OK, cheap shot, but Beimel's ready for them.
He messed up in the playoffs. He gashed his pitching hand on a broken glass in a New York bar and lied about it. He undermined the Dodgers' chances against the Mets in the National League Division Series, came clean about it and apologized to his teammates. He then spent the winter anxiously awaiting the start of training camp and the chance to put it all behind him.
Does he expect lingering bitterness from teammates who felt betrayed?
"I can't say I was worried about coming in here," Beimel said. "I apologized and gave everybody a chance to say what they needed to say, and nobody said anything. They had a chance to tear me up one side and down the other. If there are guys who don't forgive me, I totally understand. But I took that as though they accepted my apology. If some still have trouble with me, I totally understand where they're coming from. I'm here to help the team win and you don't always get along with every teammate."
General manager Ned Colletti brought Beimel back and manager Grady Little said the incident is now history.
"It's over with," said Little. "Sometimes when things happen, if you step back and look at the big picture of things, he's very fortunate he just cut his hand and it wasn't worse."
Beimel's body is sound, the nasty cut completely healed. His mind is clear, with a promise there will be no more bar accidents, no more bars period.
"The alcohol was enough of an issue that I missed the playoffs," said Beimel, who will turn 30 in April. "Beyond my clumsiness, I was out. The way I see it, I've played this game my whole life and I get to the big leagues and have a chance to win it all, and I figured there are so many things out of my control that there's no reason to jeopardize it all with alcohol, which is in my control. I just dropped it altogether and haven't had a drink since. I didn't do it for the Dodgers, I did it for me and my family.
"When it all happened in New York, it was one of the worst things that's ever happened to me. But I look back and it might end up being one of the best things to ever happen to me. I was spiraling down. I didn't understand why this was happening to me. Now I'm thankful it happened. It opened my eyes to what I was doing and how important it is to give everything you've got."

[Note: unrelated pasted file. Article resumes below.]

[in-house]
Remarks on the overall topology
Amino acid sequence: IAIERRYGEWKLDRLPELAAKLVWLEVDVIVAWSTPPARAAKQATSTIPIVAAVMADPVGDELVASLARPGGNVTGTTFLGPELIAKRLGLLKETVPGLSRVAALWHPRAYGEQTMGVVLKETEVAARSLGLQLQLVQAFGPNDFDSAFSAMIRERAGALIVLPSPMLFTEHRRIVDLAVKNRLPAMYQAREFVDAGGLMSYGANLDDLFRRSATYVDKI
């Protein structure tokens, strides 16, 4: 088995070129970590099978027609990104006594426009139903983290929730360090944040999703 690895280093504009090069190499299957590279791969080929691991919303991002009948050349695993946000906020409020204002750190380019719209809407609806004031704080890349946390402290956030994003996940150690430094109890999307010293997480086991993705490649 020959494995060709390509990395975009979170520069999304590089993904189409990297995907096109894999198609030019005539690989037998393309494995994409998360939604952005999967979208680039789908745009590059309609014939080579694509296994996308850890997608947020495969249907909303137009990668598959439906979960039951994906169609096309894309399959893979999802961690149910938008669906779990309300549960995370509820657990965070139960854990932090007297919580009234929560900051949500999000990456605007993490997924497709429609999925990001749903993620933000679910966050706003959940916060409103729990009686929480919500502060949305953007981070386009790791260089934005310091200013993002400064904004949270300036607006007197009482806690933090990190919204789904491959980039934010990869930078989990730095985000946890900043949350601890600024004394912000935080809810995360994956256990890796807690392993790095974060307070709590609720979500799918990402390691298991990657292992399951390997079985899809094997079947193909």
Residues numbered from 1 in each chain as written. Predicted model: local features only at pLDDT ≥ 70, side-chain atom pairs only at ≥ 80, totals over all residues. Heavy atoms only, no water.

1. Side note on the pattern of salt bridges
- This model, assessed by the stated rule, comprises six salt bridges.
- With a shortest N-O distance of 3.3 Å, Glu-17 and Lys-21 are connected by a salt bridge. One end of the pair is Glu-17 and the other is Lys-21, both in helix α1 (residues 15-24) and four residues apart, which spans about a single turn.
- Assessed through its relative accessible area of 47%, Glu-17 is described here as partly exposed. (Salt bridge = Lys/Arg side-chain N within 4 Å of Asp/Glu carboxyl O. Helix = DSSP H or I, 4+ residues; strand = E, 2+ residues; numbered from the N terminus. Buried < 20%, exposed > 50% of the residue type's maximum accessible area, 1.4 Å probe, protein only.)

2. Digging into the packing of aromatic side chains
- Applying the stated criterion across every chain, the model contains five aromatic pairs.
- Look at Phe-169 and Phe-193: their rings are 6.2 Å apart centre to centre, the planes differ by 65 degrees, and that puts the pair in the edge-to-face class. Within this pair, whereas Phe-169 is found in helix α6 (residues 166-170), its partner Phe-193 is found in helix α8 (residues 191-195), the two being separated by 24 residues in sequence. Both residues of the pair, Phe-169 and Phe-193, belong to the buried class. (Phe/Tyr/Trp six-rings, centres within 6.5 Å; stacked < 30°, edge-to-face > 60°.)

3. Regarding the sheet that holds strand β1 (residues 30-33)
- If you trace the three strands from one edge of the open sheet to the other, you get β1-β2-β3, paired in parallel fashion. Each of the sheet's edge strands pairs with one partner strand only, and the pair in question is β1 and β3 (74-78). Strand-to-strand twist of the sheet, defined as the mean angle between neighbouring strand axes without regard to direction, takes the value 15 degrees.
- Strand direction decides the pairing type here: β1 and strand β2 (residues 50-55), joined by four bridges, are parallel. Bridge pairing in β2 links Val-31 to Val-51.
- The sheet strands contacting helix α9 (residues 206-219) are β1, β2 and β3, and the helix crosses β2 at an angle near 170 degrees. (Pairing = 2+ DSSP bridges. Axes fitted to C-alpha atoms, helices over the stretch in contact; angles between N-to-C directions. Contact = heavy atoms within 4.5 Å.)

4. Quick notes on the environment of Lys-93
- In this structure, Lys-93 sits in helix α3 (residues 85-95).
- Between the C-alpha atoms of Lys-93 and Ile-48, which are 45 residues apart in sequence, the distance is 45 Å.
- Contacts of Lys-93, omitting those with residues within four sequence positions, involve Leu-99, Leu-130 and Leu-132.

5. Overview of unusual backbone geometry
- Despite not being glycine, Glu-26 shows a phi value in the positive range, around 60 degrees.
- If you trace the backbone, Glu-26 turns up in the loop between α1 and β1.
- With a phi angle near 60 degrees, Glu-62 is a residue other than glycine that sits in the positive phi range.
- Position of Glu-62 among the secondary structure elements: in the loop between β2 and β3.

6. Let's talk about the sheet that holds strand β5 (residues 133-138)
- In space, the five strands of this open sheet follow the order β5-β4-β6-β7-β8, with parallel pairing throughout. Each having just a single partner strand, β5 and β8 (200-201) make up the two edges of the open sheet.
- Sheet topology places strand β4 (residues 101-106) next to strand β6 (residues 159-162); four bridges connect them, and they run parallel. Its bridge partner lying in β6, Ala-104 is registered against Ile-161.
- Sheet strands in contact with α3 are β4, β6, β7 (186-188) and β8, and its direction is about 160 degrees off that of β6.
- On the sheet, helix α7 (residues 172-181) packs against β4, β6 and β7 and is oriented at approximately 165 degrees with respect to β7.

Beimel said the glass sliced his skin deep enough to require stitches, but a quarter-inch in either direction and it could have severed a tendon and required surgery.
"As bad as it was," he said, "it could have been worse."
On Saturday, Beimel learned that he lost his salary arbitration case, a panel ruling that the southpaw would receive the club's offer of $912,500 instead of his request of $1.25 million. The club mentioned his postseason mishap and won the case, despite Beimel's 2.96 ERA and 59 appearances.
"I was disappointed with the outcome, but not with going through the process," he said. "I still got a big raise [from $425,000 in '06]. I'm not complaining. I've got thick skin. It wasn't like they were hurting my feelings by what they say, although you wonder how they come up with some of the numbers. It was a great experience."
Most of Beimel's numbers were pretty good. A year ago, Beimel was a relative unknown, trying to revive a career that started promisingly with three seasons in Pittsburgh (2001-03). He bounced from the Twins to the Devil Rays to the Dodgers, with whom he started last season at Triple-A. Called up in May, Beimel turned into one of the more reliable left-handed relievers in the NL. Opposing cleanup hitters went 2-for-29 against him.
Why the breakthrough? Beimel credits the Devil Rays' Triple-A pitching coach Joe Coleman for fixing a mechanical flaw in his windup that now provides better timing, as well as a more deceptive delivery. He believed he put it together enough to show Tampa Bay during a late callup in 2005, but the club went with younger players and Beimel, who still believed he could pitch in the big leagues, signed with the Dodgers as a Minor League free agent.
"A lot of times you put added pressure on yourself and you give up a run, and automatically think you're doing something wrong," he said. "I stopped overanalyzing and when I'd give up a run, I'd bounce right back. It's all about confidence. I think pitchers get a little intimidated or scared by big hitters, thinking you have to be perfect with every pitch. I just attack them like everybody else and throw strikes and get ahead.
"Tampa went a different direction and I figured if I got the opportunity, I could do this. It's good to be playing for a team that wants to win and makes the changes necessary to win."
Ken Gurnick is a reporter for MLB.com. This story was not subject to the approval of Major League Baseball or its clubs.